Stack Overflow is a community of 4.7 million programmers, just like you, helping each other.

Join them; it only takes a minute:

Sign up
Join the Stack Overflow community to:
  1. Ask programming questions
  2. Answer and help your peers
  3. Get recognized for your expertise

I have a text file with 10 k lines. How do I extract all the lines where a certain keyword appears? It's fundamental that I am able to select the entire line where a certain text pattern shows up. How can I do this in bash?

share|improve this question
up vote 3 down vote accepted

Use grep to search for text and print matching lines:

grep yourKeyword yourFile.txt

If the pattern consists of several words, you must quote the pattern:

grep "your key string" yourFile.txt
share|improve this answer
    
Magic! And then I did: grep "keyword phrase" ALL.csv > found.csv – Roger May 1 '11 at 17:24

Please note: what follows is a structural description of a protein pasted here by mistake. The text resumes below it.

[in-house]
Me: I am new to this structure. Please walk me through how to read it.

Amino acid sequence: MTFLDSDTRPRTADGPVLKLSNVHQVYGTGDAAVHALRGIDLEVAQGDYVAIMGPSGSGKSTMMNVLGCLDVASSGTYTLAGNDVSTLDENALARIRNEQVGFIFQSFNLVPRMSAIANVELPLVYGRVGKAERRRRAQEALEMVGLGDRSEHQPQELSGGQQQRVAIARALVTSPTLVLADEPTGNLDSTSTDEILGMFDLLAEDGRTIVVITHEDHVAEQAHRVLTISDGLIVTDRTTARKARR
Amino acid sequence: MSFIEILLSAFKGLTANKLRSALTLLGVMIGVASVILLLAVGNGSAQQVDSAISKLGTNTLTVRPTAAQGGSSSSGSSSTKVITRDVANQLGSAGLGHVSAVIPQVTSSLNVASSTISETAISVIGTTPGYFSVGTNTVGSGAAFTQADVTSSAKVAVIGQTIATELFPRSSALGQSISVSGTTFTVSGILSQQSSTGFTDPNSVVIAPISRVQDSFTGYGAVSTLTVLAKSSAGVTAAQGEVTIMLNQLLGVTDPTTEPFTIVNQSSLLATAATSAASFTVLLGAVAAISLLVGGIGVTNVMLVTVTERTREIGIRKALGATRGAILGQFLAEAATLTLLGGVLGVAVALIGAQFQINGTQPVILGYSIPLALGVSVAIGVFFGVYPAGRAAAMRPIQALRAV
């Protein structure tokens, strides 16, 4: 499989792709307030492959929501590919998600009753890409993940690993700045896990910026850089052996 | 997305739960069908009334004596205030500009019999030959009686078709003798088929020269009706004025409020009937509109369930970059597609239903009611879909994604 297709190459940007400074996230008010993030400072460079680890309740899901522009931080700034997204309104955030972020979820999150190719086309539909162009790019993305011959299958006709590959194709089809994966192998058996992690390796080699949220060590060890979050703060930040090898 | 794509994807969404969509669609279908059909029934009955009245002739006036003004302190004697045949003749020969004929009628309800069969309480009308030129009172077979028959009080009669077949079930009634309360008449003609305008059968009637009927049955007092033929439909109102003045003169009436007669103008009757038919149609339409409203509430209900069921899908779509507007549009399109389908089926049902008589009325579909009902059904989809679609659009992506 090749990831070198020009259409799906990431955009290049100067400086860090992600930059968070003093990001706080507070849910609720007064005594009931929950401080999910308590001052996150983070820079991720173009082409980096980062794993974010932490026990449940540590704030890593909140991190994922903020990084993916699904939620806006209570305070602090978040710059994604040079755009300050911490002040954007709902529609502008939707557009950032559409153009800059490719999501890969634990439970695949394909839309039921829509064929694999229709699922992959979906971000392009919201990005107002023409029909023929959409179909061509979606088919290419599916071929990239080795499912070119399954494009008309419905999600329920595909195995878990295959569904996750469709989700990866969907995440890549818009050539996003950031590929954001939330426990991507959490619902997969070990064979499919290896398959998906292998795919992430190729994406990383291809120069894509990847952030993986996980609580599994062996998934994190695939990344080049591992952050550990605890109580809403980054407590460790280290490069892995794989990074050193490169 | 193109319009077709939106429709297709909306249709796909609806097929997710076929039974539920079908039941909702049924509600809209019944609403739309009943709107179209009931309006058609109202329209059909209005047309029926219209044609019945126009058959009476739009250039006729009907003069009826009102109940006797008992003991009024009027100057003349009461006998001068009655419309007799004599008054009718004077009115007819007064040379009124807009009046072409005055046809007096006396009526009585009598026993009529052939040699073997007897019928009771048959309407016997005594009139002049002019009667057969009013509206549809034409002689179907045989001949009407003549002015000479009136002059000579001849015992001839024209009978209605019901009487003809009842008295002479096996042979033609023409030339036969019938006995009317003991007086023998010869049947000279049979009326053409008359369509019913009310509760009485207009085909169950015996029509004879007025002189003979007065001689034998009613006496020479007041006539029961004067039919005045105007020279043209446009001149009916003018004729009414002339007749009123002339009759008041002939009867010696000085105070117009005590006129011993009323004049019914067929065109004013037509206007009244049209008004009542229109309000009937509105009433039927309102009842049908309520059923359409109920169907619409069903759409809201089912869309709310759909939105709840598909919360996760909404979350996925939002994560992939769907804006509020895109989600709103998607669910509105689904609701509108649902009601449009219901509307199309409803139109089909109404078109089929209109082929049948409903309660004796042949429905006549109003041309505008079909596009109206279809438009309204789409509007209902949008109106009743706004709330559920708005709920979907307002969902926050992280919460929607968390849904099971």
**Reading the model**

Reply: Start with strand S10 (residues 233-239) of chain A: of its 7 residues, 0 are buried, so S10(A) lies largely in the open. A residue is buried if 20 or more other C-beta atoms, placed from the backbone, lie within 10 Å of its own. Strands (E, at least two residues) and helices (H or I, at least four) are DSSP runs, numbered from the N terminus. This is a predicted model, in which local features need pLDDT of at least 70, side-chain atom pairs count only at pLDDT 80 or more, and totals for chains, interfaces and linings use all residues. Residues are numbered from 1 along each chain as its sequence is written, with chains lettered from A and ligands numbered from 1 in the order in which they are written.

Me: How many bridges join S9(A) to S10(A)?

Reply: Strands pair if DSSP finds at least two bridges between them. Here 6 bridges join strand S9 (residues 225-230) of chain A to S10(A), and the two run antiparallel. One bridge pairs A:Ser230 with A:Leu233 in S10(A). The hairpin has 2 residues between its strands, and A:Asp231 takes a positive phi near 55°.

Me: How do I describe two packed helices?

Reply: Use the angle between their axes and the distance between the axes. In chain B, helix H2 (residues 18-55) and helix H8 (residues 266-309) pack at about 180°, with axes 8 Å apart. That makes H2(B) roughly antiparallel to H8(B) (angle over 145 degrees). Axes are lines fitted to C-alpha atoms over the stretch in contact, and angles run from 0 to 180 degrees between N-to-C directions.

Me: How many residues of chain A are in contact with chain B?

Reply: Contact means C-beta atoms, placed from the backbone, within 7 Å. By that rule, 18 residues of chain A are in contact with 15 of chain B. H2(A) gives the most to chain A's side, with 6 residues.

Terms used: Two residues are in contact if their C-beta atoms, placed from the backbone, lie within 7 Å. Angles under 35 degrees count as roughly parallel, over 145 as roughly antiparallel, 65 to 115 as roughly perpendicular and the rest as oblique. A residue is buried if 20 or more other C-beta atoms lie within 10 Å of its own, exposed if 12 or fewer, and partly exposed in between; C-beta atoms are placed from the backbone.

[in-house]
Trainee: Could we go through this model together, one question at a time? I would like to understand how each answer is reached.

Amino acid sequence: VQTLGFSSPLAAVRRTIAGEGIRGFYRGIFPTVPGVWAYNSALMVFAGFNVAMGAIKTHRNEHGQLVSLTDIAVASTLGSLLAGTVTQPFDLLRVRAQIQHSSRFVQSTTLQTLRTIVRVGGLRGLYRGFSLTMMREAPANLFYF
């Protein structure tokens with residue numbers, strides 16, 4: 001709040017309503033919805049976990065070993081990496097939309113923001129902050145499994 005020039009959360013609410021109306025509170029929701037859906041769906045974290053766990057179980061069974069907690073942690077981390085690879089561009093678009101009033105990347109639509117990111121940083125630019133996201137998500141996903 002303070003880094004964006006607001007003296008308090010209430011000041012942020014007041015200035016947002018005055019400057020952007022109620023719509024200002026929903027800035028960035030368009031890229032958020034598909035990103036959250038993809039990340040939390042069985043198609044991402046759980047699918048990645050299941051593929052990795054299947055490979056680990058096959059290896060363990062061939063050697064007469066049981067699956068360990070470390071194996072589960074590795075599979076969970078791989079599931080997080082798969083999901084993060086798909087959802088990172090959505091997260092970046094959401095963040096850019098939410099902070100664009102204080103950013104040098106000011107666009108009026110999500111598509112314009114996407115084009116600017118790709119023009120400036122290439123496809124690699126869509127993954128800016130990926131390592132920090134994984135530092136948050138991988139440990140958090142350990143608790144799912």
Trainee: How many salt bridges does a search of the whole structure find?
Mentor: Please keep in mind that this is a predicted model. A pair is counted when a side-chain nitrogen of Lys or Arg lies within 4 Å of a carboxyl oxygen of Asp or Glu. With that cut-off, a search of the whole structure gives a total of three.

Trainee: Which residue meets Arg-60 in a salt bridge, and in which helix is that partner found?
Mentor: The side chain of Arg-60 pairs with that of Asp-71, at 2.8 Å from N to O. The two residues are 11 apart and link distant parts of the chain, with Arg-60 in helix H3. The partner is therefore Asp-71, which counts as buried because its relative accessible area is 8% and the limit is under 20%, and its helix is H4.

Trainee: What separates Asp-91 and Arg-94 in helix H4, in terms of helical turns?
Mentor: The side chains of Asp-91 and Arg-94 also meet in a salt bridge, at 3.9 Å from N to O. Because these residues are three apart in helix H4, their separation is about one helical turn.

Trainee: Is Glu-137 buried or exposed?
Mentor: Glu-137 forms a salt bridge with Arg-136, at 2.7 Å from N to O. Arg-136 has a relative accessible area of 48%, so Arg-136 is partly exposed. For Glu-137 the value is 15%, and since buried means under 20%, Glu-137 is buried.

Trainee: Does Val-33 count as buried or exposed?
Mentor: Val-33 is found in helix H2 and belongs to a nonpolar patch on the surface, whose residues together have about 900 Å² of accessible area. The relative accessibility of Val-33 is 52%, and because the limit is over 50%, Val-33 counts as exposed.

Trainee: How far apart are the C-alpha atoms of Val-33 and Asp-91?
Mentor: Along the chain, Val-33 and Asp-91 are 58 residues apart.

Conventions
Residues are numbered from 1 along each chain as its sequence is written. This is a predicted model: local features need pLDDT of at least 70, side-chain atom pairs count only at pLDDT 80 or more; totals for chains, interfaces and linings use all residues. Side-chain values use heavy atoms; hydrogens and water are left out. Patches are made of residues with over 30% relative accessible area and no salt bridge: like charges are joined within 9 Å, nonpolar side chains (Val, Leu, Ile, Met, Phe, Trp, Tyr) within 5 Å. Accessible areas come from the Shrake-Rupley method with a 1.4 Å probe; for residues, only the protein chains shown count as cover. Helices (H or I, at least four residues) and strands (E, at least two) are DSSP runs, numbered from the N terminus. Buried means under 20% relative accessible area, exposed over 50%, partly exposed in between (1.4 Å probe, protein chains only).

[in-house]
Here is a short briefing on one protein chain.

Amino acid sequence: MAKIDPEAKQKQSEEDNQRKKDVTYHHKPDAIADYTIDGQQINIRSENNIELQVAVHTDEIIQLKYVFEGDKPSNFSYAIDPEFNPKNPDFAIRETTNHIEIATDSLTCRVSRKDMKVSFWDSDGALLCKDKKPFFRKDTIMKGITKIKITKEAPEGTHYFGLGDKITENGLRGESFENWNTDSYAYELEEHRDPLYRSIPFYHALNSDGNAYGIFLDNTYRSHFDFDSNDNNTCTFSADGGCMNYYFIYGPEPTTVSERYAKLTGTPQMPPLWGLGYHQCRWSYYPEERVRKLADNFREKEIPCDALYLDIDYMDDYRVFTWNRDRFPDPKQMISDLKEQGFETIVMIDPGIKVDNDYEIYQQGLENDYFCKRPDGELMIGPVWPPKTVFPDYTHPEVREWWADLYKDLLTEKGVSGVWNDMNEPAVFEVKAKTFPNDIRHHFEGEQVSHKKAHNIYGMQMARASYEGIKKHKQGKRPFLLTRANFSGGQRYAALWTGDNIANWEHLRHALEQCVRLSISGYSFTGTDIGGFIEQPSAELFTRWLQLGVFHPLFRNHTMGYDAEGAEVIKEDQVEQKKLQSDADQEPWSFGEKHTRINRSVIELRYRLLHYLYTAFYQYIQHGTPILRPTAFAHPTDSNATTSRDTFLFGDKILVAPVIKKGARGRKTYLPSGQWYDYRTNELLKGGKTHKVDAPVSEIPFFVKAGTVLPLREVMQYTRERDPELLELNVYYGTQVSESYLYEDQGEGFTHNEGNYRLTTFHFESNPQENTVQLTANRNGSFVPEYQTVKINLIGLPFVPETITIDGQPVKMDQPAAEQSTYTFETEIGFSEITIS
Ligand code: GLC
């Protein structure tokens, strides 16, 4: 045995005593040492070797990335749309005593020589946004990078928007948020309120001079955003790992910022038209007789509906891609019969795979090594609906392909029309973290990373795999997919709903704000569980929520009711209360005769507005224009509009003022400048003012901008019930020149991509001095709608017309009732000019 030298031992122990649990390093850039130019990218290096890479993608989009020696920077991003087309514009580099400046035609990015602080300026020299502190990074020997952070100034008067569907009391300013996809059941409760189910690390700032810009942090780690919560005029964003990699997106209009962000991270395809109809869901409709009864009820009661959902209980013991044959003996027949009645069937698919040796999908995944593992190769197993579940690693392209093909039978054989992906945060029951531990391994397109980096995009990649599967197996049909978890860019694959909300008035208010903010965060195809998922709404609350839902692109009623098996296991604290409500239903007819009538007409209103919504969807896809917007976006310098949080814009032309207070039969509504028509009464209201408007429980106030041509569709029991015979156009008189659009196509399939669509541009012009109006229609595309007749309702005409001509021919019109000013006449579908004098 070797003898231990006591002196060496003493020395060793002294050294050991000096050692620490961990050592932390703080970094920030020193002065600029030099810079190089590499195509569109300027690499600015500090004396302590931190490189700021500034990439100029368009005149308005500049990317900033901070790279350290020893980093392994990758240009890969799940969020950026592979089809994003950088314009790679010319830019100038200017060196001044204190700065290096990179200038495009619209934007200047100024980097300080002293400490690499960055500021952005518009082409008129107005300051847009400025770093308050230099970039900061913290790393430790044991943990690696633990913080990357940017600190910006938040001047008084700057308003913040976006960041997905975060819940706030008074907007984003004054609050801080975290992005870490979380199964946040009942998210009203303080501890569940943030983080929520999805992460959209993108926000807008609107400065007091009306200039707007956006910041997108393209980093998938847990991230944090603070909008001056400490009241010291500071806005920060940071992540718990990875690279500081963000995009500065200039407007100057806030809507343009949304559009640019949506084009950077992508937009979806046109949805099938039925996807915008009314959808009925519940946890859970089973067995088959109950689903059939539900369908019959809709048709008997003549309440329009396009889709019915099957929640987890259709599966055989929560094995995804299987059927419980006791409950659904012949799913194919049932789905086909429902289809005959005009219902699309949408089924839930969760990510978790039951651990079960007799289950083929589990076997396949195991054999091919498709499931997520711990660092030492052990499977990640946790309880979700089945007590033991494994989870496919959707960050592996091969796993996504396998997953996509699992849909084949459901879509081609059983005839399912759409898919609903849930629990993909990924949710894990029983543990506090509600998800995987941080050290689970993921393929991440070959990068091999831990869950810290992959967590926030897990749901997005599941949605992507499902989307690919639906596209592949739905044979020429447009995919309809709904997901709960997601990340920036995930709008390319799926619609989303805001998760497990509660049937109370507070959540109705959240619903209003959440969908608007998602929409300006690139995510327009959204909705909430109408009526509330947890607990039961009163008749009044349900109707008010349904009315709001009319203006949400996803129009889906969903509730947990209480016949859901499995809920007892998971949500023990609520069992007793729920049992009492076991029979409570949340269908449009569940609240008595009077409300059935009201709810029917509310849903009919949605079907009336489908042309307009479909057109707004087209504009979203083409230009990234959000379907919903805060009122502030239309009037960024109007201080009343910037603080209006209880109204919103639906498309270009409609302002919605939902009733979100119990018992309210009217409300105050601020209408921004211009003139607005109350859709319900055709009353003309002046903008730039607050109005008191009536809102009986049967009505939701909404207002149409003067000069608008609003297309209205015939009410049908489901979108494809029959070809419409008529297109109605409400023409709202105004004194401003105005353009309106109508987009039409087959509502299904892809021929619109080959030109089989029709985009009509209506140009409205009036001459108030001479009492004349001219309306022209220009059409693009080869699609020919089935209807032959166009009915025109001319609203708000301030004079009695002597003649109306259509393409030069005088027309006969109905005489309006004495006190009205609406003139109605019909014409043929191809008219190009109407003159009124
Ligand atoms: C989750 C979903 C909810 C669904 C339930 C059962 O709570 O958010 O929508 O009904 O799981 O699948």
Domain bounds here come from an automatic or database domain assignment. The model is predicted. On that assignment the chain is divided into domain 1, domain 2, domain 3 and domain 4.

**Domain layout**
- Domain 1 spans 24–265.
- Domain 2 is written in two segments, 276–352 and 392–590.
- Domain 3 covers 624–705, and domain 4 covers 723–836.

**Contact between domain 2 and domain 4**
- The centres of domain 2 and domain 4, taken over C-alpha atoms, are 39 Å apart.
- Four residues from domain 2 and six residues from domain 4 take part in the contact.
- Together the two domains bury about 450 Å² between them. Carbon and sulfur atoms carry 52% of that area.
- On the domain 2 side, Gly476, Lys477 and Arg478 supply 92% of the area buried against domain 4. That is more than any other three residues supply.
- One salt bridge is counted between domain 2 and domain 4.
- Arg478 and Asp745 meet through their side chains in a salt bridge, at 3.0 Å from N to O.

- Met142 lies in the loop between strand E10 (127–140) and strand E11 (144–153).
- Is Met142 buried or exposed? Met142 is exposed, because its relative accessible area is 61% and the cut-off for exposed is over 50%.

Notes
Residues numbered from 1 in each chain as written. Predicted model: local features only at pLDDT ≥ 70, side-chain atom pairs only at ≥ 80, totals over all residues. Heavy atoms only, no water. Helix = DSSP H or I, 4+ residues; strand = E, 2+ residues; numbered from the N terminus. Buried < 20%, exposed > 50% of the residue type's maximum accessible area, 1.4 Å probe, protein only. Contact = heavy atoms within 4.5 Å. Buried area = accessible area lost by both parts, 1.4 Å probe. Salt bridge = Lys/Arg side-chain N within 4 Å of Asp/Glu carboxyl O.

@Roger: Indeed; grep can do wonderful things (egrep can handle regexes too), and I/O redirection is always handy too. :-) – Aasmund Eldhuset May 1 '11 at 17:28
    
You mean, if I wish to find a keyword, let's say, in the end of the line, I could use grep with regex? – Roger May 1 '11 at 19:14
    
@Roger: Correct: egrep "this is the end\$" file.txt, or egrep "^this is the start" file.txt, or egrep "^this is the entire line\$" file.txt (the backslash is to prevent bash from interpreting the dollar sign as the start of a shell variable). – Aasmund Eldhuset May 1 '11 at 21:55

Besides using grep you can also use awk. Plus, awk has the advantage of doing processing as it searches the lines..

awk '/pattern/{ do stuff }' file
share|improve this answer

Your Answer

 
discard

By posting your answer, you agree to the privacy policy and terms of service.

Not the answer you're looking for? Browse other questions tagged or ask your own question.